Canada and British Columbia invest in salmon research and restoration projects
April 25, 2022
By Maryam Farag
The Government of Canada and the Province of British Columbia announced $30.5 million in funding for 22 projects under the British Columbia Salmon Restoration and Innovation Fund (BCSRIF).
Of the 22 projects, 18 will be led by or conducted in partnership with Indigenous organizations and communities across British Columbia.
This announcement comes in the midst of the B.C. aquaculture industry’s fight to keep 79 salmon farming licenses. The BC Salmon Farmers Association’s economic analysis report has estimated that 4,700 jobs and CA$1.2 billion in economic activity, and $427 million in GDP are at risk if 79 salmon farming licenses are not reissued by Fisheries and Oceans Canada by June.
“We have a once-in-a-generation opportunity to protect and rebuild wild Pacific salmon stocks,” Joyce Murray, Minister, Fisheries, Oceans, and the Canadian Coast Guard. “BCSRIF harnesses British Columbians’ shared passion and commitment to finding innovative ways to regenerate wild salmon abundance and the fisheries they support.”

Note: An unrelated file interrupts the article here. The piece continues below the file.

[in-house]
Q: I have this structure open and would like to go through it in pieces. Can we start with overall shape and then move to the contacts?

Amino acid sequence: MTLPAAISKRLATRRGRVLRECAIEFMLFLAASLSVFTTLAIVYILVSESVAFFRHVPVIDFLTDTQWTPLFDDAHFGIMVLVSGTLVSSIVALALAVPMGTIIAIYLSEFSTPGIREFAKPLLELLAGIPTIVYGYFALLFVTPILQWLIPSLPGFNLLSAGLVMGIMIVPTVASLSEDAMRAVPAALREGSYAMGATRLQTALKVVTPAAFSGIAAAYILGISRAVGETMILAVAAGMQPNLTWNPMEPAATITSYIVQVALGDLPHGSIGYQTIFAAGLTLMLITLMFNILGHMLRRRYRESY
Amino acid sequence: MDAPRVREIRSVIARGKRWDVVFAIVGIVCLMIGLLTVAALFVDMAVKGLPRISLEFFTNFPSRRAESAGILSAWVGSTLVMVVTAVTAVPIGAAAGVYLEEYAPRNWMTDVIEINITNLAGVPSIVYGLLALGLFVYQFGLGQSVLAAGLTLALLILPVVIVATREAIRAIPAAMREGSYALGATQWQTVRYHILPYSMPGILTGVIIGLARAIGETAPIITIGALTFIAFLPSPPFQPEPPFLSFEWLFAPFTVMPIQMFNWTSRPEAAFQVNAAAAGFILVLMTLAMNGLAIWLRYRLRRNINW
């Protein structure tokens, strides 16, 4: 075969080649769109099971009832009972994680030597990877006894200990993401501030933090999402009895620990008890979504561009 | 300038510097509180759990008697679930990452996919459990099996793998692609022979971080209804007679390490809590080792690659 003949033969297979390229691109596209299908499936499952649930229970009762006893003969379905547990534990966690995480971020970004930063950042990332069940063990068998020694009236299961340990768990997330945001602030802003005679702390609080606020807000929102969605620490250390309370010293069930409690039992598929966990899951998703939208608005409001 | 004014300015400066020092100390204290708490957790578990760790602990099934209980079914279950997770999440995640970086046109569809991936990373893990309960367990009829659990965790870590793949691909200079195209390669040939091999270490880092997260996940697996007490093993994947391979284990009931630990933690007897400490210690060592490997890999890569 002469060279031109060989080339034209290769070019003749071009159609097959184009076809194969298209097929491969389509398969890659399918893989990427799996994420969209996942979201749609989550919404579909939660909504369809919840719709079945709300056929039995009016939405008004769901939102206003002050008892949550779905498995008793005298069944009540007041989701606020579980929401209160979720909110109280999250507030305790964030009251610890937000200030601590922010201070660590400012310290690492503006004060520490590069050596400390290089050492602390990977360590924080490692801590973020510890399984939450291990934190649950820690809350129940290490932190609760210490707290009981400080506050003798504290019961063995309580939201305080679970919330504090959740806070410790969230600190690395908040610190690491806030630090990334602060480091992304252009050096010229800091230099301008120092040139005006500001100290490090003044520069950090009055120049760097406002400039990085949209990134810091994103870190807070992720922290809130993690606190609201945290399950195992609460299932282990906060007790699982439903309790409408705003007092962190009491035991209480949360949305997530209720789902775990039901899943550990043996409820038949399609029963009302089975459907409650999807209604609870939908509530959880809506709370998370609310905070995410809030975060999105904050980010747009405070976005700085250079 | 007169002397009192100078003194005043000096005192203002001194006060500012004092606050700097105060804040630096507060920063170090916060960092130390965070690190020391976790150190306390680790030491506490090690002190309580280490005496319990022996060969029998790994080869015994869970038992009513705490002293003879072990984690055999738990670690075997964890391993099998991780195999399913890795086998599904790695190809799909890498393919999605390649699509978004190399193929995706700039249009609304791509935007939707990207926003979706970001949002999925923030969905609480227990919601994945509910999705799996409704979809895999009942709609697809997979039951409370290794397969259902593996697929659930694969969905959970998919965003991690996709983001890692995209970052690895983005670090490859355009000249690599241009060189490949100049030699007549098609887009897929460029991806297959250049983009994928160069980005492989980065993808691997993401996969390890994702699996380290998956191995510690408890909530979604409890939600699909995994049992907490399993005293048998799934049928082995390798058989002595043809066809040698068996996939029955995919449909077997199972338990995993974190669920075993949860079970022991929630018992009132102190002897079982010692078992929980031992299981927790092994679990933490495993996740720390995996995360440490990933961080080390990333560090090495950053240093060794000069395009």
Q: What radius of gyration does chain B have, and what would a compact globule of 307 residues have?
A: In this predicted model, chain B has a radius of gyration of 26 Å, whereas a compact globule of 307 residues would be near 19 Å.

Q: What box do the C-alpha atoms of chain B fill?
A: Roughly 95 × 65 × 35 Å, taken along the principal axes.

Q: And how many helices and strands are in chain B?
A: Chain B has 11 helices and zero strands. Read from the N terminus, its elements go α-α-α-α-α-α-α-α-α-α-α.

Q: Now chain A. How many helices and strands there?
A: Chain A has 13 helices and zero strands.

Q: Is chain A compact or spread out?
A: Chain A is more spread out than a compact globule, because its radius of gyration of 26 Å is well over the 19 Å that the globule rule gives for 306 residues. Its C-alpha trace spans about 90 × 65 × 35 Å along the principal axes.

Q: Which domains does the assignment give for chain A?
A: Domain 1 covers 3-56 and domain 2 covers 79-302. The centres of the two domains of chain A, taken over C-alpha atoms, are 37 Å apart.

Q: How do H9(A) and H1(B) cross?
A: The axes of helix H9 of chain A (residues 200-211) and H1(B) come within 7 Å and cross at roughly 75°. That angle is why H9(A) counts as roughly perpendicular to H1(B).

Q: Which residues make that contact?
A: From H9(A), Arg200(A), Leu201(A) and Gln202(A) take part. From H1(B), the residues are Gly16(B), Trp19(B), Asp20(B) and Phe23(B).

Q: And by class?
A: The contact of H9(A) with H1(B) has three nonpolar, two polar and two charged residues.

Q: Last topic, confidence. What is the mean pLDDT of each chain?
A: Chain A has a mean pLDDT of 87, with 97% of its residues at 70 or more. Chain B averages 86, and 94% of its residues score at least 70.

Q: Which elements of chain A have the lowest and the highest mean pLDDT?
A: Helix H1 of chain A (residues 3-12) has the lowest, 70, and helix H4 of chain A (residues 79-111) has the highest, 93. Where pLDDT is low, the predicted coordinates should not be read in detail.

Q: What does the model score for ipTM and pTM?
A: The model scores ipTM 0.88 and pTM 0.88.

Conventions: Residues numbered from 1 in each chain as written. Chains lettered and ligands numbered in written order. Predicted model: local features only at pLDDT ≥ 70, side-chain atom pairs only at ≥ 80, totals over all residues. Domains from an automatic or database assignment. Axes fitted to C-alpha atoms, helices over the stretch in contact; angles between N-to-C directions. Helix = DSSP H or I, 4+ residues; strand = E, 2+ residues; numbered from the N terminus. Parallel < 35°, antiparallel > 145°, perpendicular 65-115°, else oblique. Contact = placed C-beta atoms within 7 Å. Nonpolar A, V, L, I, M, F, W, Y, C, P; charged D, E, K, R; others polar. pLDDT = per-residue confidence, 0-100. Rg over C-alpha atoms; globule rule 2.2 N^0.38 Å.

- The Chemainus/Koksilah Twinned Watershed Salmon Sustainability Project, which aims to record and assess the status, abundance, and preferred habitat of various salmon species in the Chemainus and Koksilah rivers and then use that data to monitor demonstration restoration initiatives addressing low flow impacts on critical anadromous salmonid habitats in those watersheds.
- The Pacific Salmon Foundation’s project to expand and improve the use of the Pacific Salmon Explorer, an interactive data visualization tool that tracks and reports information on the status of fish Conservation Units and their freshwater habitats in B.C.
- The next stage of Makeway Charitable Society’s Resilient Waters initiative, which will restore connections to salmon habitat to the Lower Fraser River that have long been broken by flood control infrastructure.
- The First Nations Fisheries Legacy Fund Society’s project to enhance capacity for monitoring and managing wild salmon habitat in First Nations by integrating community mapping and geospatial technologies.
“These diverse BCSRIF projects vary in location, scale and proponents; together, they all contribute to protecting and restoring wild fisheries, creating a more sustainable future for local communities and workers,” said Fin Donnelly, Parliamentary Secretary for Fisheries and Aquaculture, Government of British Columbia.
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